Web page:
FITCHBURG, Mass. (WPRI) — The Massachusetts State Police is mourning the loss of a K-9 who was shot and killed by an armed fugitive Tuesday afternoon.
Col. Christopher Mason said K-9 Frankie was killed as troopers tried to apprehend a suspect who had barricaded himself inside a Fitchburg home.
The suspect, identified by Mason as 38-year-old Matthew Mack, was wanted on several firearms offenses and as an accessory to a shooting that happened last week.
Negotiators tried to coax Mack out of the home peacefully for several hours before deciding to enter the residence.
Mason said Frankie was shot when he and his handler Sergeant David Stucenski entered the home and approached where Mack was hiding. Stucenski and the other troopers who were with them in the residence were not injured.
Frankie was carried out of the home and rushed to the Wachusett Animal Hospital by ambulance, where he was later pronounced dead.
Mack ended up fatally shooting himself a few hours after killing Frankie, according to Mason.
Mason said Frankie was a Belgian Malinois who would have turned 11 next month. He served the Massachusetts State Police for nine years prior to his death.
Frankie, according to Mason, was “highly decorated,” having won a number of prestigious awards alongside Stucenski.
“Frankie is the first Massachusetts State Police canine killed in the line of duty,” Mason said. “His sacrifice will never be forgotten.”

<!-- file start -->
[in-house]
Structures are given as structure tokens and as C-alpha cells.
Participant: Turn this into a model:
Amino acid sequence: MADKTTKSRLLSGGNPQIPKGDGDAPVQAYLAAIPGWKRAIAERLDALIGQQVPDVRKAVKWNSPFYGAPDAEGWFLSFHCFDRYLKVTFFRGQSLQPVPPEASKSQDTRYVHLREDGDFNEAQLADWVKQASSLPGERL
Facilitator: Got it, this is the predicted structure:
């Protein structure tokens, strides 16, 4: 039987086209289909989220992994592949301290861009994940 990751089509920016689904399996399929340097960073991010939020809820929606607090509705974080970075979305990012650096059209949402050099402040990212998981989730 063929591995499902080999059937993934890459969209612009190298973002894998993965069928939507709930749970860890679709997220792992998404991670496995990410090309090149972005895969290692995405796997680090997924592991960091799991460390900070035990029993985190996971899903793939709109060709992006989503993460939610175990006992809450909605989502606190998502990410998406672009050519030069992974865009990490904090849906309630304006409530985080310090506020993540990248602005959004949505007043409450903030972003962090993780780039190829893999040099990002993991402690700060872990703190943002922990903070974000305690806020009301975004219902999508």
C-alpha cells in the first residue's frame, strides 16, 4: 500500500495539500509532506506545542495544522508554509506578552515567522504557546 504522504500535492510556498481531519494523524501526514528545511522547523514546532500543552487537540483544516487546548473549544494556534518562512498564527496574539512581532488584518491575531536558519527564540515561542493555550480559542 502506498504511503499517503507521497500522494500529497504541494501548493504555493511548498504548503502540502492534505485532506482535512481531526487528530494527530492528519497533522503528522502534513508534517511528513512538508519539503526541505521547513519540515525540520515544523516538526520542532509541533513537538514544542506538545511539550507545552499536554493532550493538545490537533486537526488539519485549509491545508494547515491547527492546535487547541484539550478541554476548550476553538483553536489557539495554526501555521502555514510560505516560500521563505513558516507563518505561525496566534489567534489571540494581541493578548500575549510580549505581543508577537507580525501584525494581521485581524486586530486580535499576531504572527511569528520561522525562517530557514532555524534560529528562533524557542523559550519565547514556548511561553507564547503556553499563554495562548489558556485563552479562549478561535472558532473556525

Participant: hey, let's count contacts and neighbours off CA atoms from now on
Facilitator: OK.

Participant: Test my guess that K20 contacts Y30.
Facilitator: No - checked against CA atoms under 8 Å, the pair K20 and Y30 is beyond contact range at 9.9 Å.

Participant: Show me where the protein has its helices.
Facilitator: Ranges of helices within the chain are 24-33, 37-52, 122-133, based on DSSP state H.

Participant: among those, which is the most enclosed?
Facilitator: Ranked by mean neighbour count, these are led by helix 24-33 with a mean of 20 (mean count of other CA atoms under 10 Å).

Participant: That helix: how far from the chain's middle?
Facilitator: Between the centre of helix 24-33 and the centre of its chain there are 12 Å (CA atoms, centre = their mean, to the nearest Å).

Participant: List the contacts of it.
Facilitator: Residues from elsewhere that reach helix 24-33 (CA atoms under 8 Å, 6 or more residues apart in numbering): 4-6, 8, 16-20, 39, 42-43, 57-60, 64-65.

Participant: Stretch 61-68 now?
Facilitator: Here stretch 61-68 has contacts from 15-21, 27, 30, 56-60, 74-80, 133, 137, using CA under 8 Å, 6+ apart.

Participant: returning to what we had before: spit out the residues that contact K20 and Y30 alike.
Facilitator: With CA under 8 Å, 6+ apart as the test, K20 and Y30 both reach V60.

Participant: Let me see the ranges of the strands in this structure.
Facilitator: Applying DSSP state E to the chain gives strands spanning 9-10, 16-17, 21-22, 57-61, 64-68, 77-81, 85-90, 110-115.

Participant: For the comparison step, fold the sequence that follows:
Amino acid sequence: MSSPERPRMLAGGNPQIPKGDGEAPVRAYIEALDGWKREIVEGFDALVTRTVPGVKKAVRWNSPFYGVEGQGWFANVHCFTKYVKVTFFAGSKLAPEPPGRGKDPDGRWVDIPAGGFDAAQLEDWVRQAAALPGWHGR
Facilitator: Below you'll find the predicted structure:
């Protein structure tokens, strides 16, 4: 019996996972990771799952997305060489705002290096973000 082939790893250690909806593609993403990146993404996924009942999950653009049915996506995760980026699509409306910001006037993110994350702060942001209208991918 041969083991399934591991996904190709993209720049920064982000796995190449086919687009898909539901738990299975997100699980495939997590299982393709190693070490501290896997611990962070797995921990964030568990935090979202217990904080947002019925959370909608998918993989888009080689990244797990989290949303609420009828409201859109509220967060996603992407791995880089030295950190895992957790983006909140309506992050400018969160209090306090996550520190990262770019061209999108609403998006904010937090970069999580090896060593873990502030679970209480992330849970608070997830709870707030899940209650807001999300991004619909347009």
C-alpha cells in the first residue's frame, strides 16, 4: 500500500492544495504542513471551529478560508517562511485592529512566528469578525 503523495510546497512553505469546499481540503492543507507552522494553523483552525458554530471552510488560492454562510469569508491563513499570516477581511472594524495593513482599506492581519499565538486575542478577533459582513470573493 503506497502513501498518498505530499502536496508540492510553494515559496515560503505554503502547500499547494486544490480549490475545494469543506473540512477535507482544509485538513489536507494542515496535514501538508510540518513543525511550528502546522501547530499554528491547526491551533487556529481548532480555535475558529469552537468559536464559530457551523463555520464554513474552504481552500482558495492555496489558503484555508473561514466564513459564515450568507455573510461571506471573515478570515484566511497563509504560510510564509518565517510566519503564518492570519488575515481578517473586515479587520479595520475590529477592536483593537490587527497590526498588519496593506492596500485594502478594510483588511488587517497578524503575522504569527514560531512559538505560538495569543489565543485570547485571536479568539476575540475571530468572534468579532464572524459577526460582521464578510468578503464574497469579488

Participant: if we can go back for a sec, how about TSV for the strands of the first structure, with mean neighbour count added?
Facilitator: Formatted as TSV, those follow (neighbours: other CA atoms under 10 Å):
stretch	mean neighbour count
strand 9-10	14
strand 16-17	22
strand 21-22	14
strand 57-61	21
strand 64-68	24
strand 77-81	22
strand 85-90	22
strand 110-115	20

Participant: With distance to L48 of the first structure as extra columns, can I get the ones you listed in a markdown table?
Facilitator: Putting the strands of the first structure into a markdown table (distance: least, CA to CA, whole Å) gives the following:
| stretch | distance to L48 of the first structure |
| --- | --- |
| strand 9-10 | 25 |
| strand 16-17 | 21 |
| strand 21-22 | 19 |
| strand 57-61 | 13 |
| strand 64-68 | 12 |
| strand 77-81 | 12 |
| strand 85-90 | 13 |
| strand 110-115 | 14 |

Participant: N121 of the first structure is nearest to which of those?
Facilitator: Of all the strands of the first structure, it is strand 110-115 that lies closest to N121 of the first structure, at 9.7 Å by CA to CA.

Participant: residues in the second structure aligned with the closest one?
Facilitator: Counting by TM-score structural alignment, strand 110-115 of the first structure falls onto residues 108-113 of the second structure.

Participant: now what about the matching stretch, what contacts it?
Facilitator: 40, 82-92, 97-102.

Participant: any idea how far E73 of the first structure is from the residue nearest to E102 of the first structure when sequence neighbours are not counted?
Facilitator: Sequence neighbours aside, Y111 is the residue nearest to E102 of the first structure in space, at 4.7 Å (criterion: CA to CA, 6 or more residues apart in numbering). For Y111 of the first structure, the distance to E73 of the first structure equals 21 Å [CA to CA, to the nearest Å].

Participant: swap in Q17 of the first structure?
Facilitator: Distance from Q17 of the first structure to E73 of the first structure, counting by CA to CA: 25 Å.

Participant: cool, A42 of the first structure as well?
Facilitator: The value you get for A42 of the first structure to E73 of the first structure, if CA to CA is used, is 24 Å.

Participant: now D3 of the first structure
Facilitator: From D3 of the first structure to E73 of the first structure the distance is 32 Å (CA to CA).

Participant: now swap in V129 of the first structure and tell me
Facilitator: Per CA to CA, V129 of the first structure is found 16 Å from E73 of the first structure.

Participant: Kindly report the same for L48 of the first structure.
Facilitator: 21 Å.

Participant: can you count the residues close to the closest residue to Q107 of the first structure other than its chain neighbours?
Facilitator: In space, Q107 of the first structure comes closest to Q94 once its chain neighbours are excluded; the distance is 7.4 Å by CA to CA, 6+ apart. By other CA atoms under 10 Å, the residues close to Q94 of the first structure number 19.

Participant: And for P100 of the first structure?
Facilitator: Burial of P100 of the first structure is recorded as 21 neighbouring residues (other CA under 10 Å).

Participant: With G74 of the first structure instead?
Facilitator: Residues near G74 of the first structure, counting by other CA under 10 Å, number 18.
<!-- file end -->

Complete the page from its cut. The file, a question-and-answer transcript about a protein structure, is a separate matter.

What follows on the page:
Mason said Frankie “had every trait we seek in a good law enforcement officer, canine or human: intelligence, immense courage, and dedication to protecting the public.”
“He was as loyal a partner as any trooper ever had,” he continued. “He was, as much as any human of the member of the department, one of us and part of us.”
Condolences began pouring in from law enforcement agencies across the region within hours of Frankie’s death.
The State Police Association of Massachusetts said in a statement that Frankie’s service “was nothing short of incredible.”
“As K-9 Frankie did hundreds of times before, he placed himself between our members and a dangerous subject,” the statement reads. “In this incident, the suspect opened fire on K-9 Frankie and his handler, and without hesitation, K-9 Frankie charged the gunman, disarming him and saving his handler’s life.”
Frankie was the first dog to be transported by ambulance since Gov. Charlie Baker signed “Nero’s Law” earlier this year, which allows first responders to treat and transport K-9s injured in the line of duty.
The law was enacted four years after Yarmouth Police Sergeant Sean Gannon was shot and killed while serving a warrant in Barnstable. His K-9 partner Nero was also shot and gravely injured, though first responders couldn’t treat nor transport him to a nearby veterinary hospital at the time. (Nero has since recovered from his injuries and still lives with the Gannon family.)
Mason said whenever a Massachusetts State Police K-9 passes away, the handlers call it “free time.”
“It means that these brave dogs who work so hard to protect the rest of us have earned their eternal peace,” he explained. “Free time and Godspeed, Frankie.”
Frankie’s body was transported with full honors to Final Gift Pet Memorial Center in Cranston Tuesday night. More than 80 cruisers from departments across the state made the drive to the pet crematorium to pay tribute to Frankie.